Neuville spoils Toyota’s party with victory in Japan

Hyundai secured a 1-2 on the finale of the 2022 World Rally Championship


Thierry Neuville has rounded out the World Rally Championship season with victory for Hyundai on Toyota’s home turf, as long-term contender Elfyn Evans slipped back to fifth with a puncture.

It was a dream result for Hyundai as Ott as it recorded a 1-2 finish; Ott Tänak signing off his three-year stint with Hyundai with a second-place finish ahead of Takamoto Katsuta who took his third career podium finish on his home rally.

Heading into the final day, Neuville led Evans by just four seconds, but the threat of rain meant everything had the potential to be turned on its head. Hyundai and Toyota had different weather information and thus the two victory contenders went opposite ways with tire strategy – Evans carrying no wet tires but Neuville opting for two of each compound (two wets, two softs and two hards).

That favored Evans early on who reduced Neuville’s lead to just 0.6s after Sunday’s opener, but his shot at victory was extinguished on the very next test as he ran wide on a hairpin and picked up a puncture; feeling the pacenote came a bit too late for him to tackle the corner on the correct line.


But when the heavens open in time for the penultimate stage of the rally, Neuville would likely have prospered anyway. As it was, with over a minute in hand, he just had to back off and convert his lead into victory which he duly managed by 1m11.1 seconds.

“It feels great,” said a jubilant Neuville.

“It wasn’t an easy weekend, it wasn’t an easy year but it’s always great to end the season like this. We need to work hard over the winter to get well prepared for next year but thank you to everybody.”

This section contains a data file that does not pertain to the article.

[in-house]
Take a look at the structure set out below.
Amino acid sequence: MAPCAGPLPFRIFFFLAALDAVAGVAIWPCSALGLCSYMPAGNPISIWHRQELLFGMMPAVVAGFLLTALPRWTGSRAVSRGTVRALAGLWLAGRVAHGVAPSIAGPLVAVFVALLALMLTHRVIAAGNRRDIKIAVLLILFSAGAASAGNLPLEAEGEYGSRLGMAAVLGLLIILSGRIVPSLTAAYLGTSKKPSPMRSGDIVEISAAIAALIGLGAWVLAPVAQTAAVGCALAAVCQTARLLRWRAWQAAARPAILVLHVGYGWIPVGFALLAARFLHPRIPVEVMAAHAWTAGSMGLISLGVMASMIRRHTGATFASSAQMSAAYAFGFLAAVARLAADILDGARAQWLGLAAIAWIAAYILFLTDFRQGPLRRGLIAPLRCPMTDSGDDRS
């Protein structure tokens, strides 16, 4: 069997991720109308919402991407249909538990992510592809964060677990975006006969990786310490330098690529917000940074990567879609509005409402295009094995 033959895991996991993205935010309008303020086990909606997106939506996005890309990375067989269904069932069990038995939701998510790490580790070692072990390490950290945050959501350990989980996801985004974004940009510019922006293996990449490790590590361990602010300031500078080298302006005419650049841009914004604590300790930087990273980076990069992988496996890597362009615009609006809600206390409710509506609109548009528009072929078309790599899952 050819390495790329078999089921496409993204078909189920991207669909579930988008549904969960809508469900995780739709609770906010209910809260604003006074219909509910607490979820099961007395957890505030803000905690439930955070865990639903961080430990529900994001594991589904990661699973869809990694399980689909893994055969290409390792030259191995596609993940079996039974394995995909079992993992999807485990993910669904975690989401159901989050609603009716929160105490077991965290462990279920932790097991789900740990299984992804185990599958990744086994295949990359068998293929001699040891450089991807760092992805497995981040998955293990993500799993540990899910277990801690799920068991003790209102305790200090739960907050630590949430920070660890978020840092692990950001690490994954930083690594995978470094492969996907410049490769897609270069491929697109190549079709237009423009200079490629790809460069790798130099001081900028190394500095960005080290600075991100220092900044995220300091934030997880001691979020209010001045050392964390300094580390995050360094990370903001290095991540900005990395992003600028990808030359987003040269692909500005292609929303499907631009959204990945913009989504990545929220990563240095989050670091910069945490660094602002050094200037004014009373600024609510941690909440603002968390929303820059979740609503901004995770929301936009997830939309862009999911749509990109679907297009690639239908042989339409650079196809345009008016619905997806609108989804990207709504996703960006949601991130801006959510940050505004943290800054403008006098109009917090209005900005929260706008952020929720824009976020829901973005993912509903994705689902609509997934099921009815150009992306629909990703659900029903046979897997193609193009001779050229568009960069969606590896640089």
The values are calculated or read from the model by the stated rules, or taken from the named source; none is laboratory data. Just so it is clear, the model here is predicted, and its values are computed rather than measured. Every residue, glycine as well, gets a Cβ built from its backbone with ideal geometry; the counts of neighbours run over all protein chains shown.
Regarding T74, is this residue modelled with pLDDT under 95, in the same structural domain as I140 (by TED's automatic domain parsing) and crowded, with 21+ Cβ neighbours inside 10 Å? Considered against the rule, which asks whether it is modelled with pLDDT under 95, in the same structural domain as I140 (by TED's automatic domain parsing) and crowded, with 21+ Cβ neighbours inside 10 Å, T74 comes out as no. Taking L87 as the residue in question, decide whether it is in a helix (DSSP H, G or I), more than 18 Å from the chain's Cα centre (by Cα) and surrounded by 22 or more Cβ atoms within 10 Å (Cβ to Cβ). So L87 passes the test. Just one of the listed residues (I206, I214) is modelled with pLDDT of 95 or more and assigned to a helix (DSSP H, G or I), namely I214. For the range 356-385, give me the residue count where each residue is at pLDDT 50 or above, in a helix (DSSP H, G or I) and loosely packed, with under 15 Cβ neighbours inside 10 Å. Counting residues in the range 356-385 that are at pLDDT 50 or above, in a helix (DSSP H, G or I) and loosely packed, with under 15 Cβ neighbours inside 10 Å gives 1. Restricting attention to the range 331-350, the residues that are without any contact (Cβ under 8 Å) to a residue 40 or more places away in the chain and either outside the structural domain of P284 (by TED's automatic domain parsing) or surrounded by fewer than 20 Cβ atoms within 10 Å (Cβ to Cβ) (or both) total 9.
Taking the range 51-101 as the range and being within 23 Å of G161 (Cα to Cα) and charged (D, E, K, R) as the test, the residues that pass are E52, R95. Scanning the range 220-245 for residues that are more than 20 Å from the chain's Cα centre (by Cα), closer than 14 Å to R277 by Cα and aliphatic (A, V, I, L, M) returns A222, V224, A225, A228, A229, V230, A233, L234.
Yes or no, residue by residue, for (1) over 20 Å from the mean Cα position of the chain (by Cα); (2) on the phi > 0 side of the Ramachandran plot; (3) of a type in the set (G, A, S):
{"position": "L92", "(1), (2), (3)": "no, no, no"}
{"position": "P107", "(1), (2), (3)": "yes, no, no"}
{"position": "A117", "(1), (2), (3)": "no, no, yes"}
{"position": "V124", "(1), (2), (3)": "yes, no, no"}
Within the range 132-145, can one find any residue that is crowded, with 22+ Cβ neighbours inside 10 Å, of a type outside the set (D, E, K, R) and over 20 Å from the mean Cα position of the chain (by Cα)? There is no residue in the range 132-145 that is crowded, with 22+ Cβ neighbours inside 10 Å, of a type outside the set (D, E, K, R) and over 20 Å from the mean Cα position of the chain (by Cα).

Tänak was never really a match for this team-mate in Japan but a trouble-free rally earned him an eighth podium finish of the season. Although his immediate thoughts were focused on if Katsuta had done enough o

“We’ve won some rallies, we had quite a few podiums and that’s everything we could do this year,” he reflected. “Let’s see in the future.”

Katsuta wasn’t particularly happy to have earned a podium at the expense of his team-mate at Evans, but his third place was a source of pride for him, Japan and of course Toyota.

“Huge thanks to the team and all of the supporters who are on the stage, and even on the road sections in this weather they are still supporting me,” said Katsuta.

“I have no words, I cannot speak right now!”

On potentially his final ever rally as a reigning World Rally champion, Sébastien Ogier collected fourth place on debut with co-driver Vincent Landais. Ogier had led Rally Japan after Thursday night’s spectator-friendly test but a puncture on Friday’s opener wrecked his weekend.

It was a typically strong fightback drive from Ogier though, who at one point was dead last in the rally, to fight back to fourth at the finish, while team-mate Evans who only just clung onto fifth by 2.3s.

“Naturally I’m pretty gutted,” said Evans.